I thought it is pretty obvious that we’re trying to suppress wages. However, that’s where my agreement ends. What we need is dramatically higher taxes for income and inheritance above a certain threshold. I’m thinking like 90% tax (progressive) on individual income exceeding 100x 2000x minimum wage per hour (a nice $3M at $15 an hour) and twice that for inheritance (also progressive). We will need broad agreement to make sure no one has “attractive” tax regime. We then fund basic income with this money and do something which we’ve needed to do for a long time: cut costs.

                    We need to cut costs in education. We need to cut costs in healthcare. We need to cut costs in real estate. Cutting costs is very important for this plan to succeed. No more nimbyism. We make sure nobody starves or dies from simple diseases but no more tax credits or deductions for anything. There well be some pain but it will be worth it.

                    1. 1

                      Well, I agree with increasing efficiency.

                      1. -5

                        Wow.. I know I shouldn’t bother but you’re just too much..

                        You’re basically suggesting that governments everywhere rob “overly wealthy” people super fucking hard, and prevent them from being able to escape that robbery anywhere, and.. somehow you expect them to keep working hard so that the ass-raping can continue indefinitely so that you can sit at home and.. pursue your lifelong dream of finger-painting abstract art, for the betterment of mankind?

                        Look at your country’s budget numbers and do some basic math on what it would cost to give everyone “free money forever”.

                        Then think about things from a productive person’s perspective. If 100% of the fruits of your labour are forcefully taken away, you’re an outright fucking slave. If 50% are taken away, you’re like a 50% slave.

                        You are not the arbiter of how much money is “enough” for anyone else. You can decide how much money is enough for you, personally, but other people are their own, separate, living, breathing individuals.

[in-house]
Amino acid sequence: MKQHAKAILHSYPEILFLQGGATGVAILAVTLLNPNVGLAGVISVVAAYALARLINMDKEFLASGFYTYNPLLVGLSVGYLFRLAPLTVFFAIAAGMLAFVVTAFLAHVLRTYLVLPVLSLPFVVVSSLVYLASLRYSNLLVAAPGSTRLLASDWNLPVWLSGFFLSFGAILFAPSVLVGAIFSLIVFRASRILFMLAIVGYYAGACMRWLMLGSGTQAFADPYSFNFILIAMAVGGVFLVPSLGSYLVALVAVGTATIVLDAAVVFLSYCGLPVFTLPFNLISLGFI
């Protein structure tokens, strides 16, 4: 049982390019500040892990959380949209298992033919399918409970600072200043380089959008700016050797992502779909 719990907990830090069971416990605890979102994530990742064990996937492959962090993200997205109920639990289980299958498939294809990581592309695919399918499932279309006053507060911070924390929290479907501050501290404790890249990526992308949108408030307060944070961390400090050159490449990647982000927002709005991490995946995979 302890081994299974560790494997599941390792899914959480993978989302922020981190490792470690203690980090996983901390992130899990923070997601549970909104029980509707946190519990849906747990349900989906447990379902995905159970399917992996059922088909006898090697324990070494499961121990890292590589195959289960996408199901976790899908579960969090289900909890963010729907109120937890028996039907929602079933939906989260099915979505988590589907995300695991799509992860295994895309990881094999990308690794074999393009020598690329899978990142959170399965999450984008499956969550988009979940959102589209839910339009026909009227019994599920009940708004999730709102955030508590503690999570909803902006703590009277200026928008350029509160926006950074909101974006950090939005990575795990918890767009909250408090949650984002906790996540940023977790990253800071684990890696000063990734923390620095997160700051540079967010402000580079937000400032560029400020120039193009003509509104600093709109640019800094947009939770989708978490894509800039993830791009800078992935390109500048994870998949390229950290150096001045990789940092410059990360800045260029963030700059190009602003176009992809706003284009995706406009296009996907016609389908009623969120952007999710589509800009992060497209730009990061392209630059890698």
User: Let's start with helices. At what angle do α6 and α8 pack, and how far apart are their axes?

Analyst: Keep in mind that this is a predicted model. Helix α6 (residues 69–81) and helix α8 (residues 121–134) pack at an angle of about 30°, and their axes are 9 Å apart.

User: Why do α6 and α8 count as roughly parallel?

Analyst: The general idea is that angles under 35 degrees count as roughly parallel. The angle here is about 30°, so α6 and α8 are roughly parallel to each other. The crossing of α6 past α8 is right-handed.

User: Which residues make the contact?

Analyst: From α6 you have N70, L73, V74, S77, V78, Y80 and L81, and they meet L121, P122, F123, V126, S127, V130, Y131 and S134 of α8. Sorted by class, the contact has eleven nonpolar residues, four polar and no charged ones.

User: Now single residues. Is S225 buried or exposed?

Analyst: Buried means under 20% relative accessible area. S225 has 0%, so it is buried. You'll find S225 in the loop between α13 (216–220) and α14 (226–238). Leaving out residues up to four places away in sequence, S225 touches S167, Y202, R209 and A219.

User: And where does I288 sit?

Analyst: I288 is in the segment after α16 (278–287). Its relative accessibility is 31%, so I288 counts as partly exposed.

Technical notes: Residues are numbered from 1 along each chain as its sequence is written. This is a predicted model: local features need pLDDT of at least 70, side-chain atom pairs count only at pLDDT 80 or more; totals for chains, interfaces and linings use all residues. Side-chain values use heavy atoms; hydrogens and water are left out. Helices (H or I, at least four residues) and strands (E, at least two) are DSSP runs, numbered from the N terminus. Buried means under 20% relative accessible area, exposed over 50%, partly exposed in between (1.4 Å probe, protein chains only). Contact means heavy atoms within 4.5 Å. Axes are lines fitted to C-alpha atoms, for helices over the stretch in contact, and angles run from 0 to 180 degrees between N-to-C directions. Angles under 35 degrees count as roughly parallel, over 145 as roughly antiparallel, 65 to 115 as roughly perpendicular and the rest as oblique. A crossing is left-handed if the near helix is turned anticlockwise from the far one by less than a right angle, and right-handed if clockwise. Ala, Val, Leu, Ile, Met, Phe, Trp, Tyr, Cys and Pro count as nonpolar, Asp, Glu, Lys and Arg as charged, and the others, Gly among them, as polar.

Wake the fuck up from your socialist stupor.

                        1. 9

                          Could we please not use terms like “ass-raping” so lightly? This is a forum for adults and professionals, and at the very least I’d hope we can all be respectful to each other.

                          1. -5

                            Oh gosh golly gee, someone has a potty mouth!

                          2. 5

                            Then think about things from a productive person’s perspective. If 100% of the fruits of your labour are forcefully taken away, you’re an outright fucking slave. If 50% are taken away, you’re like a 50% slave.

                            You probably need to define what you mean by a productive person. And it’s not “forcefully taken away”, “robbery”, “ass-raping”. You declare your taxes and pay them. Most levels of remuneration rise/fall based on effective tax rates. The rules are well understood. Don’t want to pay so much, tough luck.

                            You are not the arbiter of how much money is “enough” for anyone else. You can decide how much money is enough for you, personally, but other people are their own, separate, living, breathing individuals.

                            What about consensus and rules that are aimed at leveling the playing field in terms of opportunity? If you went out for pizza with 3 friends and 1 of them took 9 slices because he decided that was enough for him, would the rest of you be cool with that?

                            1. -3

                              And it’s not “forcefully taken away”, “robbery”, “ass-raping”.

                              Sure it is.

                              You declare your taxes and pay them.